TORONTO -- Ontario Health Minister Christine Elliott confirms the province will help Alberta manage its overwhelmed intensive care units (ICUs), which have been inundated with COVID-19 patients, operating at 155 per cent over normal capacity.

“There was a time when Ontario needed some help as well and other provinces helped us,” Elliott said, after making an announcement in Tweed, Ont., on Friday.

In April, the Ford government reached out to every province and territory asking for help with health-care resources to manage overloaded ICUs. At the time, Alberta declined to send help due to a sharp increase in their own hospitalizations. 

“Our officials, they're having conversations right now about exactly what they need, and we will be there to support them and help them,” she said.

Elliott said she expects supporting Alberta’s ICUs would be “at the top of the list” of Ontario’s response. Although, she did not disclose any details on how the province plans on providing this support. “Frankly, I think that their intensive care units are very full right now,” she said.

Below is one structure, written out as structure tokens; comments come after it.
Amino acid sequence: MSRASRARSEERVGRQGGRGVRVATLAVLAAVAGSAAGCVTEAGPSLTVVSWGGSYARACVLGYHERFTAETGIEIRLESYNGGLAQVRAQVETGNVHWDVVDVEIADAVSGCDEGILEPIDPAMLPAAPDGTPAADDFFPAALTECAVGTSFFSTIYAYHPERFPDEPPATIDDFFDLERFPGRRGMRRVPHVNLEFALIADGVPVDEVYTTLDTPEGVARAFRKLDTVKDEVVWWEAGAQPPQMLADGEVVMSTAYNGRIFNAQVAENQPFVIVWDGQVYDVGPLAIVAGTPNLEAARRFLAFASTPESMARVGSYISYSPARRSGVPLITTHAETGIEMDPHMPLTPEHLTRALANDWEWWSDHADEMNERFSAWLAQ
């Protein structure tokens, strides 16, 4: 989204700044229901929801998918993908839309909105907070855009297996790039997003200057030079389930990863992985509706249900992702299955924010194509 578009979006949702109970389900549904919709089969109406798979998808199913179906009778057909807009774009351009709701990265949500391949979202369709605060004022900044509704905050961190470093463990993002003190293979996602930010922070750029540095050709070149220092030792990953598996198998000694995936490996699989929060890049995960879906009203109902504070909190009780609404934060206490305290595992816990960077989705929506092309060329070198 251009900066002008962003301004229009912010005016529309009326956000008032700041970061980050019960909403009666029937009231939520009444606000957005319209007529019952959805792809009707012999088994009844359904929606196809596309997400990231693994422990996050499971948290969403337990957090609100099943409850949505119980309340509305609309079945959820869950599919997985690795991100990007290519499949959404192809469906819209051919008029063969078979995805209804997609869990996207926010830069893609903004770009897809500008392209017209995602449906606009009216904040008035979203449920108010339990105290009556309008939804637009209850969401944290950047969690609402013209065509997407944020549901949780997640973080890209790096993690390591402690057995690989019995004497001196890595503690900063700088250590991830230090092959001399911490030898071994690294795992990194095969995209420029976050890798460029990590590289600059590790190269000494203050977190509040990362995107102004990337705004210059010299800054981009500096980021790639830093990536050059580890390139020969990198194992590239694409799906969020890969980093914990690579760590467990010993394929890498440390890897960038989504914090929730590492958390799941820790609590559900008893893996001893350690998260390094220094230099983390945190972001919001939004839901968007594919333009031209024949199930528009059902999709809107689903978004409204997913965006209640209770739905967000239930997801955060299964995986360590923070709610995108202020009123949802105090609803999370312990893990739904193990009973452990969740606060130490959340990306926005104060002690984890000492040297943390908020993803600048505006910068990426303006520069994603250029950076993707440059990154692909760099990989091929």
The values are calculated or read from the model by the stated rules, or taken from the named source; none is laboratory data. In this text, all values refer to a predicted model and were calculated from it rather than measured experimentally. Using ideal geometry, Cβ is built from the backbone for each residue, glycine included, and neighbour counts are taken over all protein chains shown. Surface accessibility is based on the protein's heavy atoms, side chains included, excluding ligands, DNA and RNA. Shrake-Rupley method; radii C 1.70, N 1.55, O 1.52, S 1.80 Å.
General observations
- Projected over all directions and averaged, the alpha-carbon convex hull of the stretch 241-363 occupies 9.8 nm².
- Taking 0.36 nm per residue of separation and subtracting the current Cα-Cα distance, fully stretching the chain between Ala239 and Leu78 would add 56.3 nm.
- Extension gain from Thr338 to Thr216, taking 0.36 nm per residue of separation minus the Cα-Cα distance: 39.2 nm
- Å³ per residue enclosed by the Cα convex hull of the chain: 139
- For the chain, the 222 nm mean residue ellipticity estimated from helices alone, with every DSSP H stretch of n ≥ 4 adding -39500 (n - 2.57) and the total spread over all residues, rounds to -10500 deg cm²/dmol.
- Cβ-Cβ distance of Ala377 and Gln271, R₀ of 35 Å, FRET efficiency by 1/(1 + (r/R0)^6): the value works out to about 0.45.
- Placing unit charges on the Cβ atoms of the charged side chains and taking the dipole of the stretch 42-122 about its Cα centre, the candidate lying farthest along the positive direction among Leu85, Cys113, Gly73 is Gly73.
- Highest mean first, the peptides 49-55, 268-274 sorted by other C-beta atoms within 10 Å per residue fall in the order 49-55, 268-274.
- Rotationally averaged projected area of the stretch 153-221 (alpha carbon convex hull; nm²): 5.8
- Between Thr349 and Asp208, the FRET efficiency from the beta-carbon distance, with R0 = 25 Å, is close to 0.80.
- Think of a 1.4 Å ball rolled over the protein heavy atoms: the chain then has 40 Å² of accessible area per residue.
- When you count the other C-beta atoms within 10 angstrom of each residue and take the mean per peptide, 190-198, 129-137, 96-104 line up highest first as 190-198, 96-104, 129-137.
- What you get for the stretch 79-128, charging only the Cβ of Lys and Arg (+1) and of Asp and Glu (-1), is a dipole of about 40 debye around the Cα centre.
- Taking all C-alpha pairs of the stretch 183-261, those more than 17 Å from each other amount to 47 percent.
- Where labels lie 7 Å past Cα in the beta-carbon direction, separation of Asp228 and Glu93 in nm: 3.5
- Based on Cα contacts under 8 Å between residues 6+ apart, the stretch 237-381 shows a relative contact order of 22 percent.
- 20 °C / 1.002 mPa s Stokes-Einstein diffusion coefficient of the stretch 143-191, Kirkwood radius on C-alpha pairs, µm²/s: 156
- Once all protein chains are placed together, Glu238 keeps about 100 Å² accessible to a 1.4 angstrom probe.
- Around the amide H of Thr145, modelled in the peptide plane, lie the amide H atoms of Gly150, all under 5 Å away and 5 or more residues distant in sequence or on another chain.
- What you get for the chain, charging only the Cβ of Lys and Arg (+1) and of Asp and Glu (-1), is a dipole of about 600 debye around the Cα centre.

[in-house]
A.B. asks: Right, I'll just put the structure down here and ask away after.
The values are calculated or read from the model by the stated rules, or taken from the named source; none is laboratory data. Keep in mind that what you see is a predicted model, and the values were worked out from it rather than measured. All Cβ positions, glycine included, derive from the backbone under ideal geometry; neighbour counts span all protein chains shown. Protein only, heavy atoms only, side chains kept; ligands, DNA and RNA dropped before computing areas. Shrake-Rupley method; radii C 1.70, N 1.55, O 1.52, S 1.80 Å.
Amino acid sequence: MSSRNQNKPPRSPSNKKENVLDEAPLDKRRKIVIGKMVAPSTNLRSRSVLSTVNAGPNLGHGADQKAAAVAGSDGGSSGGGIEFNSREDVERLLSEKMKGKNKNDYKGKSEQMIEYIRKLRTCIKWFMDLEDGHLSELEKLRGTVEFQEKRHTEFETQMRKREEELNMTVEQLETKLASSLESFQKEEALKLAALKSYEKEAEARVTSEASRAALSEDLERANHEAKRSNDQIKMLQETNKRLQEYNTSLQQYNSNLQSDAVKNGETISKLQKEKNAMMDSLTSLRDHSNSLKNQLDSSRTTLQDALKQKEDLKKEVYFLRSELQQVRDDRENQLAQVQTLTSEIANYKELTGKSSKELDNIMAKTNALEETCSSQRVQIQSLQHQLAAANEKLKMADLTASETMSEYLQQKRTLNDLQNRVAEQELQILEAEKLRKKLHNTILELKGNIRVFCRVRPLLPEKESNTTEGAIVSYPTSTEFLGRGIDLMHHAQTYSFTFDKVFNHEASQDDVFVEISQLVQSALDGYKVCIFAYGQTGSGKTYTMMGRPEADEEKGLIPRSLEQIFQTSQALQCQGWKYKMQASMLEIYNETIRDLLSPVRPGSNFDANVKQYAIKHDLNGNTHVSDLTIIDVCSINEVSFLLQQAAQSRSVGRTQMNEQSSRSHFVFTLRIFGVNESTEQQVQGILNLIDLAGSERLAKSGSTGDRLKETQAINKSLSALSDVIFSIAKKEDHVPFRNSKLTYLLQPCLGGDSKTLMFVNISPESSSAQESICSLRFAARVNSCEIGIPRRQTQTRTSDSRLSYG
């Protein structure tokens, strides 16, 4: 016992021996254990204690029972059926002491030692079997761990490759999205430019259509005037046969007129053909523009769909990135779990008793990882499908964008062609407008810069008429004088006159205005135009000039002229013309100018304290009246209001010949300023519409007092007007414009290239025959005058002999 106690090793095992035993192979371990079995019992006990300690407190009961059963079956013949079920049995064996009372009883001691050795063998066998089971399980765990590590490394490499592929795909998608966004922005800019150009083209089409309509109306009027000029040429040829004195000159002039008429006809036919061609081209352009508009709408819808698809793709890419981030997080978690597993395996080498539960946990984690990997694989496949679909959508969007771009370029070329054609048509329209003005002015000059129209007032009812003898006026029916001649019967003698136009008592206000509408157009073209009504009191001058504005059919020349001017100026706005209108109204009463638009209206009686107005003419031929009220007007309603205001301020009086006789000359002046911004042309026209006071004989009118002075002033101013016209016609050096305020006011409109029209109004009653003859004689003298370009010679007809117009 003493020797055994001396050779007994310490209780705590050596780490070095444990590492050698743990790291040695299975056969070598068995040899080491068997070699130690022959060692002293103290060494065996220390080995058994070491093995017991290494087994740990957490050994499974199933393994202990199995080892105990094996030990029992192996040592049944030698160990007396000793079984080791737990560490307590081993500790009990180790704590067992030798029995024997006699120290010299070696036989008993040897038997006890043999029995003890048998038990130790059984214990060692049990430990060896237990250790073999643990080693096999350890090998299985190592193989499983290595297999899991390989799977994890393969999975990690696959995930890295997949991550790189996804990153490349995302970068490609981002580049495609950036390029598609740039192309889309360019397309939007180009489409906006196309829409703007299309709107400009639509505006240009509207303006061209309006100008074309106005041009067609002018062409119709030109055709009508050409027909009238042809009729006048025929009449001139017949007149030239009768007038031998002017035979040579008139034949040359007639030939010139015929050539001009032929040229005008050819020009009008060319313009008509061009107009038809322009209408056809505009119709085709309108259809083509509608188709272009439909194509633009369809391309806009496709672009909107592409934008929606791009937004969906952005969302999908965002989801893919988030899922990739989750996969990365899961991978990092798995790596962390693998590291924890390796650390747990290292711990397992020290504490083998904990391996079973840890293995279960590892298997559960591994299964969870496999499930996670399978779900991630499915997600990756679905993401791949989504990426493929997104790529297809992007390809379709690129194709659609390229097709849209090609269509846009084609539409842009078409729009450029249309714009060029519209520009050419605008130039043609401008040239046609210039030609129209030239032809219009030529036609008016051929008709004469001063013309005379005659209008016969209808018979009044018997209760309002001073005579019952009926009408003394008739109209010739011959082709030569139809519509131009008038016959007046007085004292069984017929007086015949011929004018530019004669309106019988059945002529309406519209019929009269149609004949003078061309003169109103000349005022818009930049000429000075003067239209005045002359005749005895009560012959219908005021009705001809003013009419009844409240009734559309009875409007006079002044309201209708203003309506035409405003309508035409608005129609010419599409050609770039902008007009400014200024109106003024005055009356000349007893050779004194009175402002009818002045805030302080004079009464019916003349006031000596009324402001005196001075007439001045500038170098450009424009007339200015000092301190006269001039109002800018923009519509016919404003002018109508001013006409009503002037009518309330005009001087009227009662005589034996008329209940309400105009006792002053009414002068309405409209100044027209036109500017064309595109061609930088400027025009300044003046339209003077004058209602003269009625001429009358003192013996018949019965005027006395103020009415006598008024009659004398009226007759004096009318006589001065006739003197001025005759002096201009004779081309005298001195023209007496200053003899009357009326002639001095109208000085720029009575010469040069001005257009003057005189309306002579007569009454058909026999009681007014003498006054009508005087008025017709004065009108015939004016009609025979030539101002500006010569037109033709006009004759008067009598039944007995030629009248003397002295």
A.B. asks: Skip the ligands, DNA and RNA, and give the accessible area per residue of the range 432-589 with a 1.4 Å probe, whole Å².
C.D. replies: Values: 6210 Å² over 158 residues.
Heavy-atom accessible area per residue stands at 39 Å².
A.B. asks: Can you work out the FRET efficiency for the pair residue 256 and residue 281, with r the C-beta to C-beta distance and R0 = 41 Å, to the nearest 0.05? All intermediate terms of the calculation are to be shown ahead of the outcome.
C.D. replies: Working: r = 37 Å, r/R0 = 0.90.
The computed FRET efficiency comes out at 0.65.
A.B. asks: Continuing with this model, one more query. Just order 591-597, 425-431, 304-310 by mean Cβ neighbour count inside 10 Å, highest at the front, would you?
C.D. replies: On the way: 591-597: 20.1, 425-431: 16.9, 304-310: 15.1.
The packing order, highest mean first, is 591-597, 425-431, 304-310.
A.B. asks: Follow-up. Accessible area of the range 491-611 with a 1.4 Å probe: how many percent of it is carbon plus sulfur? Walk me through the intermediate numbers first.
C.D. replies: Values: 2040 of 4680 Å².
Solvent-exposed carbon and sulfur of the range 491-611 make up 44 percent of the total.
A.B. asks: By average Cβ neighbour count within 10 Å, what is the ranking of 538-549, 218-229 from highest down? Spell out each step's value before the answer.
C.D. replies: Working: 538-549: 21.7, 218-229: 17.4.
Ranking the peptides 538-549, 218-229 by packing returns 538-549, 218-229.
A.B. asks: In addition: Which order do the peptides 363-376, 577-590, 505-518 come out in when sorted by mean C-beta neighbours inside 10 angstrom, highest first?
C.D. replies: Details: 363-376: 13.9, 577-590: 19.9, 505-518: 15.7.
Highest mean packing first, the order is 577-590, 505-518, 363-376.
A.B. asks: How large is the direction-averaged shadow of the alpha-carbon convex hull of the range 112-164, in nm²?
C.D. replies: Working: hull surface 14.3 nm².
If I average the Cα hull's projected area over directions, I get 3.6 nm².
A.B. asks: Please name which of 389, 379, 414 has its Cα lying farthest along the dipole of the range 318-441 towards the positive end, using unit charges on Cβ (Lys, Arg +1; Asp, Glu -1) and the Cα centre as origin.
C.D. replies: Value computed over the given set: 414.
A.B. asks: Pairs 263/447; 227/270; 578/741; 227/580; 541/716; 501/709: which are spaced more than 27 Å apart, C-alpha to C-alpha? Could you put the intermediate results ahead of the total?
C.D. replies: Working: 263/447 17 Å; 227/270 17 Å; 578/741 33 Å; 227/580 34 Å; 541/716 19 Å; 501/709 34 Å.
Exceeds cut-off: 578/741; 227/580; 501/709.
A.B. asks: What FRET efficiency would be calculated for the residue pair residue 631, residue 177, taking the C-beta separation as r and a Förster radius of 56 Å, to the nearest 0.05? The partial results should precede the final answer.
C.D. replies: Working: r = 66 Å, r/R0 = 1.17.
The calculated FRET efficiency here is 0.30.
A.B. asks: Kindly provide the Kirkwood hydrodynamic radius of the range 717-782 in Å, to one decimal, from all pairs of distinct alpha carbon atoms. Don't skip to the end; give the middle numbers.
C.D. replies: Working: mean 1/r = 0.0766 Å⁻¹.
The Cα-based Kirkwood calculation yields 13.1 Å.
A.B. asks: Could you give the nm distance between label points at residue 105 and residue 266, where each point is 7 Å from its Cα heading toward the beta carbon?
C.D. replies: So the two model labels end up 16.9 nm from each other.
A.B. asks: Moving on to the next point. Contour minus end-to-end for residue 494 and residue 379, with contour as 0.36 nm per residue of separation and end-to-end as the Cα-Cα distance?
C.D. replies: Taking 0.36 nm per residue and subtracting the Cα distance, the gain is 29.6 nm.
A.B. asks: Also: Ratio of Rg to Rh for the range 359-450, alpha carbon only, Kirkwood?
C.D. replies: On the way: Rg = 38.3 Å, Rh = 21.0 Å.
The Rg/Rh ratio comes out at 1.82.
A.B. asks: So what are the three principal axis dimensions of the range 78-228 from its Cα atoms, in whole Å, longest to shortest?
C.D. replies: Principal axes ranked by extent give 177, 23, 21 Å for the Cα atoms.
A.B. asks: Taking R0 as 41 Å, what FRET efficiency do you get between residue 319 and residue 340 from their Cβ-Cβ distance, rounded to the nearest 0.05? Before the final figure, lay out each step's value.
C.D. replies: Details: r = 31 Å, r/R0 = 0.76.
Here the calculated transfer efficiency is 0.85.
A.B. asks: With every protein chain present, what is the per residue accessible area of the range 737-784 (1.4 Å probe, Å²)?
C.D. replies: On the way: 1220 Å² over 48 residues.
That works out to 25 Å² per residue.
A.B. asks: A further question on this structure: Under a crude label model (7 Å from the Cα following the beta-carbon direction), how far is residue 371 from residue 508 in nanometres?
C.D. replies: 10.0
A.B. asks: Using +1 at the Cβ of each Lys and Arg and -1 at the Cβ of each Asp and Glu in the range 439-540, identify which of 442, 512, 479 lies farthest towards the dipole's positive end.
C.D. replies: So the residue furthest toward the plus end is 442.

“Ontario has graciously offered their help, and we're in discussions with them regarding potential transfer of patients if needed,” Dr. Verna Yiu, the head of Alberta Health Services (AHS), told reporters on Thursday

Alberta has a total of 310 ICU beds. Currently, 86 per cent of those beds are occupied, primarily by COVID-19 patients, Yiu said on Thursday.

"If the numbers keep increasing, right now we're seeing on average about 18 to 20 new COVID ICU admissions every single day,” she said. “We need to bend that curve.”

Alberta Premier Jason Kenney declared a public health emergency for the province on Wednesday, describing the current situation as a “crisis of the unvaccinated.”

With files from the Canadian Press.